Transcendent

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Random House Publishing Group, Nov 29, 2005 - Fiction - 488 pages
20 Reviews
Stephen Baxter’s gripping page-turners are feats of bold speculation and big ideas that, for all their time-and-space-spanning grandeur, remain firmly rooted in scientific fact and cutting-edge theory. Now Baxter is back with the final volume in his monumental Destiny’s Children trilogy, a tour de force in which parallel stories unfold–and then meet as humanity stands poised on the brink of divine providence . . . or extinction.

DESTINY’S CHILDREN
TRANSCENDENT

It is the year 2047, and nuclear engineer Michael Poole is still in the throes of grief. His beloved wife, Morag, died seventeen years ago, along with their second child. Yet Michael is haunted by more than just the memory of Morag. On a beach in Miami, he sees his dead wife. But she vanishes as suddenly as she appears, leaving no clue as to her mysterious purpose.

Alia was born on a starship, fifteen thousand light years from Earth, five hundred thousand years after the death of Michael Poole. Yet she knows him intimately. In this distant future, when humanity has diversified as a species and spread across the galaxy, every person is entrusted with the duty of Witnessing the life of one man, woman, or child from the past, recovered by means of a technology able to traverse time itself. Alia’s subject is Michael Poole.

When his surviving, estranged son is injured, Michael tries to reconnect with him–and to stave off a looming catastrophe. Vast reservoirs of toxic gases lie buried beneath the poles, trapped in crystals of ice. Now that ice is melting. Once it goes, the poisons released will threaten all life on Earth. A bold solution is within reach, if only Michael can convince a doubting world. Yet as Morag’s ghostly visitations continue, Michael begins to doubt his own sanity.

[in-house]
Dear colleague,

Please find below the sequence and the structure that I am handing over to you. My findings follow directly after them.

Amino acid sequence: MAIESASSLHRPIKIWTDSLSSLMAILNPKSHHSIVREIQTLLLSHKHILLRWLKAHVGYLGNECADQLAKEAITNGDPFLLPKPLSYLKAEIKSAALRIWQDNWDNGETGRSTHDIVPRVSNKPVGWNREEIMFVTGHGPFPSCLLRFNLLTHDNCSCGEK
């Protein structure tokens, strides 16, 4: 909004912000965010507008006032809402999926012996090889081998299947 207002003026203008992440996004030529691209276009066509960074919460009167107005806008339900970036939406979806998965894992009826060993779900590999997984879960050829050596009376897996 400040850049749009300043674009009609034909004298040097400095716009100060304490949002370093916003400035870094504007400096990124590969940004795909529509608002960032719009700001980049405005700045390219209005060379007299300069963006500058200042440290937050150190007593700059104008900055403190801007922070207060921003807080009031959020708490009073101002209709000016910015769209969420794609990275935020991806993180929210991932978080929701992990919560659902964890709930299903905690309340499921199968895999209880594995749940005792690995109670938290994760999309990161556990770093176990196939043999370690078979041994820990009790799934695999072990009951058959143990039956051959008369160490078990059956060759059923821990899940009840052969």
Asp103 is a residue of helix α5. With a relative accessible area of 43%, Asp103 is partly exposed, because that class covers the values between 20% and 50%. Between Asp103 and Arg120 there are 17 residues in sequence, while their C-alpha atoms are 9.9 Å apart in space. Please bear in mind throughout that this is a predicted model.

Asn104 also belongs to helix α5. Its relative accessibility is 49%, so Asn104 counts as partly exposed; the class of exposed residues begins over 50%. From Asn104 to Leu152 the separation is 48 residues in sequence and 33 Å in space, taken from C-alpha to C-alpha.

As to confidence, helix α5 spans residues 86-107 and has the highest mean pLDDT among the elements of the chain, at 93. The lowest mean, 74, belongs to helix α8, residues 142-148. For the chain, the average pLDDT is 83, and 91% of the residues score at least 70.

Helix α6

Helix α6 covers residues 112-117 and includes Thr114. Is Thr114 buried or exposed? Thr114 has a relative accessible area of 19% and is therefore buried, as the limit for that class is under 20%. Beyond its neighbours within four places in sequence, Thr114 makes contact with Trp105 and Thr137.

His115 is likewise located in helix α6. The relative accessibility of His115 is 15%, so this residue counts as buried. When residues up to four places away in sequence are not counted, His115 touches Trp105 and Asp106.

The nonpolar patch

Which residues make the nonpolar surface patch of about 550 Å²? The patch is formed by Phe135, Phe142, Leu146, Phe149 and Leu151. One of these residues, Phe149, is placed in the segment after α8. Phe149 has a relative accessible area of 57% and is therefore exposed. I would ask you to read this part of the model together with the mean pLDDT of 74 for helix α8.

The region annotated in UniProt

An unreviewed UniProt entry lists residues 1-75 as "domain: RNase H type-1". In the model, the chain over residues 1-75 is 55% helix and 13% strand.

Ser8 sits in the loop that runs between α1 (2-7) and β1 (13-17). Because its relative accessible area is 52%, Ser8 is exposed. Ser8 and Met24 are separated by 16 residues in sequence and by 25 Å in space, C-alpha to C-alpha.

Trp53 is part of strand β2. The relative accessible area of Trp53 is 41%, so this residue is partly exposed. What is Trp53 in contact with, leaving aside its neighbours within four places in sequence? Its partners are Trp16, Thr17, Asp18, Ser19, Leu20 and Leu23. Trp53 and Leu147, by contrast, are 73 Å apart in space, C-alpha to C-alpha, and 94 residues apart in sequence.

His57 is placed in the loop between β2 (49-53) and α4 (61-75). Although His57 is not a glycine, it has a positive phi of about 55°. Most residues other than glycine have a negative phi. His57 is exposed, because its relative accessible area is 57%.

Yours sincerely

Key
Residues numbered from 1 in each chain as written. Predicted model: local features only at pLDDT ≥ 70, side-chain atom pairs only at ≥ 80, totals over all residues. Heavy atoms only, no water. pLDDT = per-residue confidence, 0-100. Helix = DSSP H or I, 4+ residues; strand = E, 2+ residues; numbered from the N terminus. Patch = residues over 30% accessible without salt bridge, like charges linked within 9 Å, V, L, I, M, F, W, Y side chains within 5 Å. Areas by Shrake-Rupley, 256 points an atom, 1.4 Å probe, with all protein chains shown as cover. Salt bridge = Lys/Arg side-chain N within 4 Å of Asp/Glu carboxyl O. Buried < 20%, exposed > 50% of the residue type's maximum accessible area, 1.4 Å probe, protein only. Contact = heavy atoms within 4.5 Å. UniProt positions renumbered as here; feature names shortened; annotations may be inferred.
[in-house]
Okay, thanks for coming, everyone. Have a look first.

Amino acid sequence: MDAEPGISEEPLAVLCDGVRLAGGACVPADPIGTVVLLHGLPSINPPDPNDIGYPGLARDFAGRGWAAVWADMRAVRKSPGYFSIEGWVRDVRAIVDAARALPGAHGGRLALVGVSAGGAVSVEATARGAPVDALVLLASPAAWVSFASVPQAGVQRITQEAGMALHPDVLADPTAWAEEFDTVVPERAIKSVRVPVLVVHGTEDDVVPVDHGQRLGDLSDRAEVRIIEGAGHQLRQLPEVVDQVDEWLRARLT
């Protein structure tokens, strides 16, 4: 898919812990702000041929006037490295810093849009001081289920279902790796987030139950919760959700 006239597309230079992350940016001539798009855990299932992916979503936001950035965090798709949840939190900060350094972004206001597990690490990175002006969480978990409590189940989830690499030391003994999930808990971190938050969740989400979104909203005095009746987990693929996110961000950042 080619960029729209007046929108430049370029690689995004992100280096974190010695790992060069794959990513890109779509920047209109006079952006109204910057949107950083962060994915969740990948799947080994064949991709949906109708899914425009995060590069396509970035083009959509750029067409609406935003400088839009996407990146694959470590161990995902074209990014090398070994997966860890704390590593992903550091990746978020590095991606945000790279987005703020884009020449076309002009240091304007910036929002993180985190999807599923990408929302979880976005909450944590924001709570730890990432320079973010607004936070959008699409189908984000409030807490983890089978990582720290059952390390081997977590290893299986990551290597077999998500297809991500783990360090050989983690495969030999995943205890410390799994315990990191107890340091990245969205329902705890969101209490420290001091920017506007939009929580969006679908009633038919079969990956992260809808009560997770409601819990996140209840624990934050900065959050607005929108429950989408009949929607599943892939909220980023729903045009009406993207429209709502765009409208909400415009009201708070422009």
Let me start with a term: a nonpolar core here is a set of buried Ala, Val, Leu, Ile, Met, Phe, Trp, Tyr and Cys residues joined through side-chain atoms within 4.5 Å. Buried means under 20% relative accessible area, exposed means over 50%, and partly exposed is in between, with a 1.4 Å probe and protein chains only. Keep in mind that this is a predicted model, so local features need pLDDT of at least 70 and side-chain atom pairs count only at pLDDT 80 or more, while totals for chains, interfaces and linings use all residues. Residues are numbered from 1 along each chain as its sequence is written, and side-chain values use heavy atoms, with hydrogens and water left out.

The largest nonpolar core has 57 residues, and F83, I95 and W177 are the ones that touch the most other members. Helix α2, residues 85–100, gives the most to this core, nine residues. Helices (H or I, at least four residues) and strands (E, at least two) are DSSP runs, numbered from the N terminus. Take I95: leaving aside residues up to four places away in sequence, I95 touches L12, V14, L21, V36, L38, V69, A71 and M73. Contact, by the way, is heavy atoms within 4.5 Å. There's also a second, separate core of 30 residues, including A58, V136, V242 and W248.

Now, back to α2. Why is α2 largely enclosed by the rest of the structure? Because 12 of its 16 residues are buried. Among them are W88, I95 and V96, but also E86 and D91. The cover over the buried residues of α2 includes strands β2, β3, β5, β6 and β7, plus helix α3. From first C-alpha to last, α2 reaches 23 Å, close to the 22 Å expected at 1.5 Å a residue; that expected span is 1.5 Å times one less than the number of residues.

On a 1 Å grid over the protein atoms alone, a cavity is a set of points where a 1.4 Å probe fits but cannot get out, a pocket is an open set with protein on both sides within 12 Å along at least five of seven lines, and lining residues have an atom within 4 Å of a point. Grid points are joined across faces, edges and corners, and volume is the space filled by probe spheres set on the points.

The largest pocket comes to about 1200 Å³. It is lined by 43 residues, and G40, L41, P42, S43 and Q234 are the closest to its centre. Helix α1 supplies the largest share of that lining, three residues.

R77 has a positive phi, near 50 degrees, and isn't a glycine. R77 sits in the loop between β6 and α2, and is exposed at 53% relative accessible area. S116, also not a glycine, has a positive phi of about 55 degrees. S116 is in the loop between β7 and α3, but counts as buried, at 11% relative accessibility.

In the future, Alia is chosen to become a Transcendent, an undying member of the group mind that is shepherding humanity toward an evolutionary apotheosis. The Witnessings are an integral part of their design, for only by redeeming the pain of every human who has lived and died can true Transcendence be achieved. Yet Alia discovers a dark side to the Transcendents’ plans, a vein of madness that may lead to an unthinkable renunciation.

Somehow, Michael Poole holds the fate of the future in his hands. Now, to save that future, Alia must undertake a desperate journey into the past. . . .


From the Hardcover edition.
 

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Review: Transcendent (Destiny's Children #3)

User Review  - Goodreads

Substantial difference in the story, but well worth the read. Read full review

Review: Transcendent (Destiny's Children #3)

User Review  - Goodreads

3.5 stars. The beginning of the book is rather slow, and the action is somewhat lacking overall. Still, the ides are interesting, as they tend to be in Baxters books. Yet they are not as grand as in some of his books, such as the prequel to this one: Exultant. Read full review

Contents

Chapter
Chapter
Chapter 3
Chapter 4
Chapter 7
Chapter 8
Chapter 10
Chapter 11
Chapter 29
Chapter 32
Chapter 34
Chapter 36
Chapter 37
Chapter 38
Chapter 39
Chapter 43

Chapter 12
Chapter 13
Chapter 15
Chapter 16
Chapter 20
Chapter 21
Chapter 23
TWO Chapter 24
Chapter 25
Chapter 26
Chapter 27
Chapter 28
Chapter 46
THREE Chapter 47
Chapter 49
Chapter 50
Chapter 51
Chapter 53
Chapter 55
Chapter 56
Chapter 60
Chapter 61
Also by Stephen Baxter CopyrightPage
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About the author (2005)

Stephen Baxter is a trained engineer with degrees from Cambridge (mathematics) and Southampton (doctorate in aeroengineering research) universities. Baxter is the winner of both the British Science Fiction Award and the Locus Award, and has been a nominee for an Arthur C. Clarke Award, most recently for Manifold: Time. He has also won the John W. Campbell Award and the Philip K. Dick Award for his novel The Time Ships. He is the coauthor (with Arthur C. Clarke) of Time’s Eye and Sunstorm.


From the Hardcover edition.

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